Out of Print presented a selection of seven hundred works and documents drawn from the Archive for Small Press & Communication (ASPC) at Neues Museum Weserburg, Bremen. This archive, founded by Anner Marsily and Guy Schraenen in 1974, consists of around 35,000 pieces, including graphic and sound works, multiples, records, newspapers, magazines, postcards, posters, videos and books. Most of these materials have some connection to projects that took place at Galerie Kontakt, the gallery founded by Schraenen in Antwerp in 1966.
The material in the ASPC collection reflects a period in which artists turned to alternative means of publishing and communicating their ideas to a public that was no longer satisfied with traditional arts circuits. As such, it represents the most significant trends and practices of the sixties, seventies and eighties: Body Art, mail art, Land Art, Fluxus, Conceptual art, Minimalism, Pop Art, performance, visual poetry and concrete poetry.
The exhibition at MACBA included works by Marcel Broodthaers, Daniel Buren, Guy Debord, Sol LeWitt, Bruce Nauman, Dieter Roth and Andy Warhol. It also featured the section Printed in Spain, which focused specifically on material by Spanish artists such as Francesc Abad, Eugènia Balcells, Juan Hidalgo, Antoni Tàpies, Isidoro Valcárcel Medina and the Zaj group.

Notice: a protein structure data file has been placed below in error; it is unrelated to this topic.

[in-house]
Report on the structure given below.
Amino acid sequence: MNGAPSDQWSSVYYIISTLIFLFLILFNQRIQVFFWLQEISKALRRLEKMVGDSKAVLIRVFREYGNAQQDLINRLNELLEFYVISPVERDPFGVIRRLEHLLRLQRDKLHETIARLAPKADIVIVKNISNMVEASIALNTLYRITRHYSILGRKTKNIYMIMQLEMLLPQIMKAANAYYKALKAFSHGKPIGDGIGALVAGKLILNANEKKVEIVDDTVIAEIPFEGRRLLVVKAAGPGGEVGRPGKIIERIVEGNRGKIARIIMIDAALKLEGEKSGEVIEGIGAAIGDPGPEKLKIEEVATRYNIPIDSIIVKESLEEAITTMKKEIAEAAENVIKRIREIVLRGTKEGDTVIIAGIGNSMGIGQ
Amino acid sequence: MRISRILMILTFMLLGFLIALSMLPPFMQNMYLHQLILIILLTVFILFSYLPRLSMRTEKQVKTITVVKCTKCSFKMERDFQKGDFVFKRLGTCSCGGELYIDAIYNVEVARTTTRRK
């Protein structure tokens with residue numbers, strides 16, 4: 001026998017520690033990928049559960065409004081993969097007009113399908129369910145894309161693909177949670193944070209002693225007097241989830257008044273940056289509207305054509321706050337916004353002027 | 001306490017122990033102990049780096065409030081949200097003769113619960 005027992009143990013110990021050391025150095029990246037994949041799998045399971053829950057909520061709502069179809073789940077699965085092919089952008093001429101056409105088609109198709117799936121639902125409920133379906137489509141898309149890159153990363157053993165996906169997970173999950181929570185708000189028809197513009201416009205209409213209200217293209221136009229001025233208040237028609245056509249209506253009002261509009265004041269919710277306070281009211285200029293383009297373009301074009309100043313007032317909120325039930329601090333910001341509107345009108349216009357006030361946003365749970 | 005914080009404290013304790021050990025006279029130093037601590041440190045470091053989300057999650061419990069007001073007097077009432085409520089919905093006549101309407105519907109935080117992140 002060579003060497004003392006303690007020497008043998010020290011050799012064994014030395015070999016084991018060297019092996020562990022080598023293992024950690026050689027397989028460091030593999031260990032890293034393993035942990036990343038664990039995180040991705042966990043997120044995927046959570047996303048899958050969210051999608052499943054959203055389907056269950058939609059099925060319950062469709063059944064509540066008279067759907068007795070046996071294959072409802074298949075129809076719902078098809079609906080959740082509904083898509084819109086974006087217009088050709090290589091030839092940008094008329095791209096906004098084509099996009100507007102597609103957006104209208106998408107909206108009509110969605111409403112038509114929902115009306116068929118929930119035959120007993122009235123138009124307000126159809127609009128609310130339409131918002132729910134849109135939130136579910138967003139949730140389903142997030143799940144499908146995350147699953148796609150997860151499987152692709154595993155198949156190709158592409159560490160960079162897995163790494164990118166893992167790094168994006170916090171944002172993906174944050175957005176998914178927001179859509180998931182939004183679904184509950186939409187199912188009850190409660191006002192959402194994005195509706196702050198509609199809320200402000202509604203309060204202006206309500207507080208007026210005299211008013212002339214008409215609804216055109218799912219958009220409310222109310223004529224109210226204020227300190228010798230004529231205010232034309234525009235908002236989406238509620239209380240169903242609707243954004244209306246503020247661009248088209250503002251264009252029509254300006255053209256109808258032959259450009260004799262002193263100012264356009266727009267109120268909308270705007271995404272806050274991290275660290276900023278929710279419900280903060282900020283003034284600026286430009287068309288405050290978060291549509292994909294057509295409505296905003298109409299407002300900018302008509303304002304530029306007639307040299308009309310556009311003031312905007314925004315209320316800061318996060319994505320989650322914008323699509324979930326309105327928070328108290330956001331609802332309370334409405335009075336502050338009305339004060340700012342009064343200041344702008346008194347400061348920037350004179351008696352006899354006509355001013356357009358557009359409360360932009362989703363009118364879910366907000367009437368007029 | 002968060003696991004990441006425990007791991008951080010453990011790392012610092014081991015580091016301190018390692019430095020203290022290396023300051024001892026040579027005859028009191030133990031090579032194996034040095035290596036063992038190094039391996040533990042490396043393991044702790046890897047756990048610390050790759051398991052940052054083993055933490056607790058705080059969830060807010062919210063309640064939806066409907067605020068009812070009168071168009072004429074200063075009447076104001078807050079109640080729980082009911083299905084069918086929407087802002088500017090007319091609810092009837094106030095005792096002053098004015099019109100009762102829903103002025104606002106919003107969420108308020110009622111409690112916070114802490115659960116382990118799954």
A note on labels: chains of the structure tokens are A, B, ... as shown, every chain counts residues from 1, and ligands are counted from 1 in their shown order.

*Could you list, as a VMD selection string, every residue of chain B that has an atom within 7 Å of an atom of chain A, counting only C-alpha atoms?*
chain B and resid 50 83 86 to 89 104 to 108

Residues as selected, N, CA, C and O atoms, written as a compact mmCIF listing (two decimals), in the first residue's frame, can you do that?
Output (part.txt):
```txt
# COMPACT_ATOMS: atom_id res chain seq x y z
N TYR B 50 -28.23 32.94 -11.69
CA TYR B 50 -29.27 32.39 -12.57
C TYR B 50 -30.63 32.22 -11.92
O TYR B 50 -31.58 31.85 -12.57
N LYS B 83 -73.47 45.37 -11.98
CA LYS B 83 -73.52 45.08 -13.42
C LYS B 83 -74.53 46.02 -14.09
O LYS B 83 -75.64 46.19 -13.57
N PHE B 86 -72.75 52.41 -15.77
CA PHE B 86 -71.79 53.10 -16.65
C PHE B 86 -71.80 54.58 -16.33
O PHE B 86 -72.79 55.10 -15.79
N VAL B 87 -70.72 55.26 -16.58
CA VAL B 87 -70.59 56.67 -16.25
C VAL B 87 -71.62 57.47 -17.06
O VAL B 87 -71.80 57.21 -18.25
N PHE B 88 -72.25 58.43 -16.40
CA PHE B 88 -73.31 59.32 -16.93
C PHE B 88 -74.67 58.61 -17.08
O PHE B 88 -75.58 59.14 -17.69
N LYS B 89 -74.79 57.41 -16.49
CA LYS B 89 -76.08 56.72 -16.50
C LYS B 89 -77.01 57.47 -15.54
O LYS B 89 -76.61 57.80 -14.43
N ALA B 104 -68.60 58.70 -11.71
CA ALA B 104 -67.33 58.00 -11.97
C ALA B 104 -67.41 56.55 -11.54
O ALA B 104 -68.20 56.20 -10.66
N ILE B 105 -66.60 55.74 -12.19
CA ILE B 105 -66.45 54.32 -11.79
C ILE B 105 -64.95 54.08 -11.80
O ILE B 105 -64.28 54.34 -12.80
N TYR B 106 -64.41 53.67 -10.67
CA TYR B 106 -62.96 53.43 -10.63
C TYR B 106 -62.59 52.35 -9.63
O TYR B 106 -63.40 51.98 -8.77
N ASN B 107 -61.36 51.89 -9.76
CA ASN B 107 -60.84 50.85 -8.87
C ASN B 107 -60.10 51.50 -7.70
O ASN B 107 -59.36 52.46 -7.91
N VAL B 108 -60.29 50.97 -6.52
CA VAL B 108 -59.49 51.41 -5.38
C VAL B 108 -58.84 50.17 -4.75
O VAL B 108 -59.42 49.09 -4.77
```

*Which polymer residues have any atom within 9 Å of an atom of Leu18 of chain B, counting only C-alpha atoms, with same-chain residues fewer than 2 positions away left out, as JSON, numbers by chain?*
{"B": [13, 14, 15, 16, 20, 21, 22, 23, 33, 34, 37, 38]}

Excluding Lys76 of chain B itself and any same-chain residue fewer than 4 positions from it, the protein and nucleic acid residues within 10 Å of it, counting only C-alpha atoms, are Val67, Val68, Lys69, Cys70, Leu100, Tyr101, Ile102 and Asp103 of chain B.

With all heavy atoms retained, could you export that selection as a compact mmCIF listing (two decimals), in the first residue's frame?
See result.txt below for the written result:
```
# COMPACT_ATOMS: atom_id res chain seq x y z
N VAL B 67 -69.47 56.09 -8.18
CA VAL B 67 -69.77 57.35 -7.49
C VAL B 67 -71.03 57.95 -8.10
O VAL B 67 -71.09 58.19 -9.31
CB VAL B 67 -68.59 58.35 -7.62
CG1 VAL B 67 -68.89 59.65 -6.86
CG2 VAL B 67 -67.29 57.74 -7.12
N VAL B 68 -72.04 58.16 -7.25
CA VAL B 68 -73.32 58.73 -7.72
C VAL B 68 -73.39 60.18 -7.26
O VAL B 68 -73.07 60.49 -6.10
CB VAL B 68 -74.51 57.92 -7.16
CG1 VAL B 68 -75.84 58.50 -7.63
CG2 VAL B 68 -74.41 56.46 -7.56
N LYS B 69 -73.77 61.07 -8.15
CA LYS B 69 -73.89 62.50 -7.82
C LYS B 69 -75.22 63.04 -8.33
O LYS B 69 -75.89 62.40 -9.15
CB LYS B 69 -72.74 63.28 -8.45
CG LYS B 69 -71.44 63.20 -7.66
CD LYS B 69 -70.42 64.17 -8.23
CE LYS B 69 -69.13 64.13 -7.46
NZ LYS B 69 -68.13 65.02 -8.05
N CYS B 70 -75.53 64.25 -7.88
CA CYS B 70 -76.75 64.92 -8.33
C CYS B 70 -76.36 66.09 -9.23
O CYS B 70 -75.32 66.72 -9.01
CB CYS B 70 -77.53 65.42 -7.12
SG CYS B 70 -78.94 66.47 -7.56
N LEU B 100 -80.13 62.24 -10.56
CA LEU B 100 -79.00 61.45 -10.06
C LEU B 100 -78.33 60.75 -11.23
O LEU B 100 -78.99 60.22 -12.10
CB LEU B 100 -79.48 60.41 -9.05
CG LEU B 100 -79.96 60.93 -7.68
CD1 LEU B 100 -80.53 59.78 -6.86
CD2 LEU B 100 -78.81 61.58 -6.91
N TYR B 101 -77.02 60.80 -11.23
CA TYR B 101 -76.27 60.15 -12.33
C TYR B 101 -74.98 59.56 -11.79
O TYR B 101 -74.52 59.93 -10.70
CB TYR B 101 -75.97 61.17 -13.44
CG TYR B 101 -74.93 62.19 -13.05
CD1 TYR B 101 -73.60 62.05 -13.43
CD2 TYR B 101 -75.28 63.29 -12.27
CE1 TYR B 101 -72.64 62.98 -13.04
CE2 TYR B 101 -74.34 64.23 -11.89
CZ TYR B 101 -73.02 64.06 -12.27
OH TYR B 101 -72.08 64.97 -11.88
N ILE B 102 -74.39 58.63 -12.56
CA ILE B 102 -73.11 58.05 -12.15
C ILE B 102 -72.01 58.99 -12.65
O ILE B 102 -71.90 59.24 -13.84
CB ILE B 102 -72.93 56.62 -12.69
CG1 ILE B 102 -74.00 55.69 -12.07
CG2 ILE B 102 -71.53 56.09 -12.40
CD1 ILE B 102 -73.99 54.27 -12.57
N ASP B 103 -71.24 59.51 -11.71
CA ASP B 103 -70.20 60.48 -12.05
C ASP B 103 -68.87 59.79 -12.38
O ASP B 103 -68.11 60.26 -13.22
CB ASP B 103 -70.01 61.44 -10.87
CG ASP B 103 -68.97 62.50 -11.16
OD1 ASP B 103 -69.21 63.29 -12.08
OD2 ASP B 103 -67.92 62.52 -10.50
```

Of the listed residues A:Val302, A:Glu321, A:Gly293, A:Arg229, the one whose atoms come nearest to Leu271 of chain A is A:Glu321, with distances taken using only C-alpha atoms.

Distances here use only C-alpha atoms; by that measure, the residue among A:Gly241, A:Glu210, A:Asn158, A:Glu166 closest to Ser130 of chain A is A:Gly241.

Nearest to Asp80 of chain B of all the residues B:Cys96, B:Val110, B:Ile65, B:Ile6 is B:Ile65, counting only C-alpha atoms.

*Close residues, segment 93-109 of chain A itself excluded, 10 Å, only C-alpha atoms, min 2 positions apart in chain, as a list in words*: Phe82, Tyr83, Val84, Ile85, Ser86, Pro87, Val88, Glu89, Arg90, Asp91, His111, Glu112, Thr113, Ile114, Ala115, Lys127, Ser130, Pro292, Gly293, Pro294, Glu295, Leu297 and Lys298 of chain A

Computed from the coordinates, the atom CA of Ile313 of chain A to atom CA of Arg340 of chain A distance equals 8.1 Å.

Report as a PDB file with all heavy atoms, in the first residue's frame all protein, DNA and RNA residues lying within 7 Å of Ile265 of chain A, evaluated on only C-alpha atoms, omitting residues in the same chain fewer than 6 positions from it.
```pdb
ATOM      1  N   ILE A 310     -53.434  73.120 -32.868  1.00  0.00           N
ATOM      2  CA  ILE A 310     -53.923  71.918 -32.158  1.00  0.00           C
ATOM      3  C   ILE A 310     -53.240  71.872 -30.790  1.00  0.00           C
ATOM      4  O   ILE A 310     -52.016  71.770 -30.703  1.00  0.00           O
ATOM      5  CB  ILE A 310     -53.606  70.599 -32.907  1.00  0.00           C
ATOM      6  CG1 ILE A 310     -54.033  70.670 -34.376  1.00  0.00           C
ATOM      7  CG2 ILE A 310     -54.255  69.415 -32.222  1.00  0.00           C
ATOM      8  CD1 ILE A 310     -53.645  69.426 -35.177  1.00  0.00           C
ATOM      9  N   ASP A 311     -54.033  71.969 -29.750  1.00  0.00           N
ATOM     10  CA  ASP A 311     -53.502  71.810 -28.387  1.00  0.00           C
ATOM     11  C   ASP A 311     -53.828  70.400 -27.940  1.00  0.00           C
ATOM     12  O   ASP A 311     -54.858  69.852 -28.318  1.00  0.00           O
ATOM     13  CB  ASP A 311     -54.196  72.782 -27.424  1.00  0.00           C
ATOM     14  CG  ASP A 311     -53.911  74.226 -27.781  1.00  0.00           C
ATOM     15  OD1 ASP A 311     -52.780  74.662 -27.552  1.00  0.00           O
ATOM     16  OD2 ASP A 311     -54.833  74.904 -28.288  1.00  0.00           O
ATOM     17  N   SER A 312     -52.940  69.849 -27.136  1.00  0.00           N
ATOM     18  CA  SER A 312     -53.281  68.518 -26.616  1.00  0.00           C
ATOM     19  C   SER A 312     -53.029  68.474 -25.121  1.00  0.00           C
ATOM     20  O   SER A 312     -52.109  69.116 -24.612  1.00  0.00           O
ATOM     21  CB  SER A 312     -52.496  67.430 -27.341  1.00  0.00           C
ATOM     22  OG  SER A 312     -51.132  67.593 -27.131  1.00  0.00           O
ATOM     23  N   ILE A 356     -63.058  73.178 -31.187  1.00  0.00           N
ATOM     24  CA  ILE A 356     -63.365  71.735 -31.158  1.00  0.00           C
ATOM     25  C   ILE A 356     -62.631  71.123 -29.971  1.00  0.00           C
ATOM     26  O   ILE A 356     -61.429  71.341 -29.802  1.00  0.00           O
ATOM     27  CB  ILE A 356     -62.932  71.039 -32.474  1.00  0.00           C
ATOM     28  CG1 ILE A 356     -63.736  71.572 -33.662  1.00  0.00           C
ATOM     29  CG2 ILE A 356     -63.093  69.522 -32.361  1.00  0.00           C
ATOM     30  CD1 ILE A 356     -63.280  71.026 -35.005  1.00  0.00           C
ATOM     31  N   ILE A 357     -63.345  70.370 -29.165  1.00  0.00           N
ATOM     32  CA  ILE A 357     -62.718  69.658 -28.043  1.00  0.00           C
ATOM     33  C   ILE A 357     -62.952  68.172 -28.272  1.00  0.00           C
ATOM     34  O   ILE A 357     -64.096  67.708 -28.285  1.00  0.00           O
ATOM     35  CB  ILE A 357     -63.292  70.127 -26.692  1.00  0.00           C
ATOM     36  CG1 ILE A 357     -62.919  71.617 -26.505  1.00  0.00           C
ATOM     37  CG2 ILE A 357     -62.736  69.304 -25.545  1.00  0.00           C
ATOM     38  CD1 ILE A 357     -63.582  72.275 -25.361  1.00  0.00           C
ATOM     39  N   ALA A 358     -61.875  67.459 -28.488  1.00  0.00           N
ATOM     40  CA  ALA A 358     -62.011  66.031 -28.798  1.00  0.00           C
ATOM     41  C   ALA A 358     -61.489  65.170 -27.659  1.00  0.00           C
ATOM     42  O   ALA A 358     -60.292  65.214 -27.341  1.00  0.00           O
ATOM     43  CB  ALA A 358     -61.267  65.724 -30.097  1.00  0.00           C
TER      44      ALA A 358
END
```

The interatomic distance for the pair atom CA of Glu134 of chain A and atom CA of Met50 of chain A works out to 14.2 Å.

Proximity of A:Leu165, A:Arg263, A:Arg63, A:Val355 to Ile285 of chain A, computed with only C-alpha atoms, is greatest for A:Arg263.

Out of Print presents over seven hundred works and documents covering a broad spectrum of materials drawn from the Archive for Small Press & Communication (ASPC) at Neues Museum Weserburg, Bremen (NMWB). The archive dates back to 1966, with the opening of Antwerp's Galerie Kontakt, run by Guy Schraenen, who organised exhibitions and activities related to the material that gradually became part of the ASPC: readings, radio broadcasts, concerts, etc. Between 1973 and 1978, Schraenen also run a publishing house where he produced about a hundred books, visual poems and sound recordings. This publishing house was formed to advocate the works and ideas of the artists shown at Galerie Kontakt and to provide a record of ephemeral artistic actions carried out on the fringe of conventional art institutions. The archive consists of some 35,000 pieces that reflect the evolution of visual art from the sixties to the eighties and represents a wide range of trends, making the ASPC the most complete archive of the period in Europe. Body art, conceptual art, Fluxus, land art, mail art, minimalism, performance, pop art, visual poetry and concrete poetry are all well represented. The collection includes graphic art, records, multiples, newspapers and magazines, postcards, posters and artist books from over twenty-five countries, as well as documents published by museums and galleries.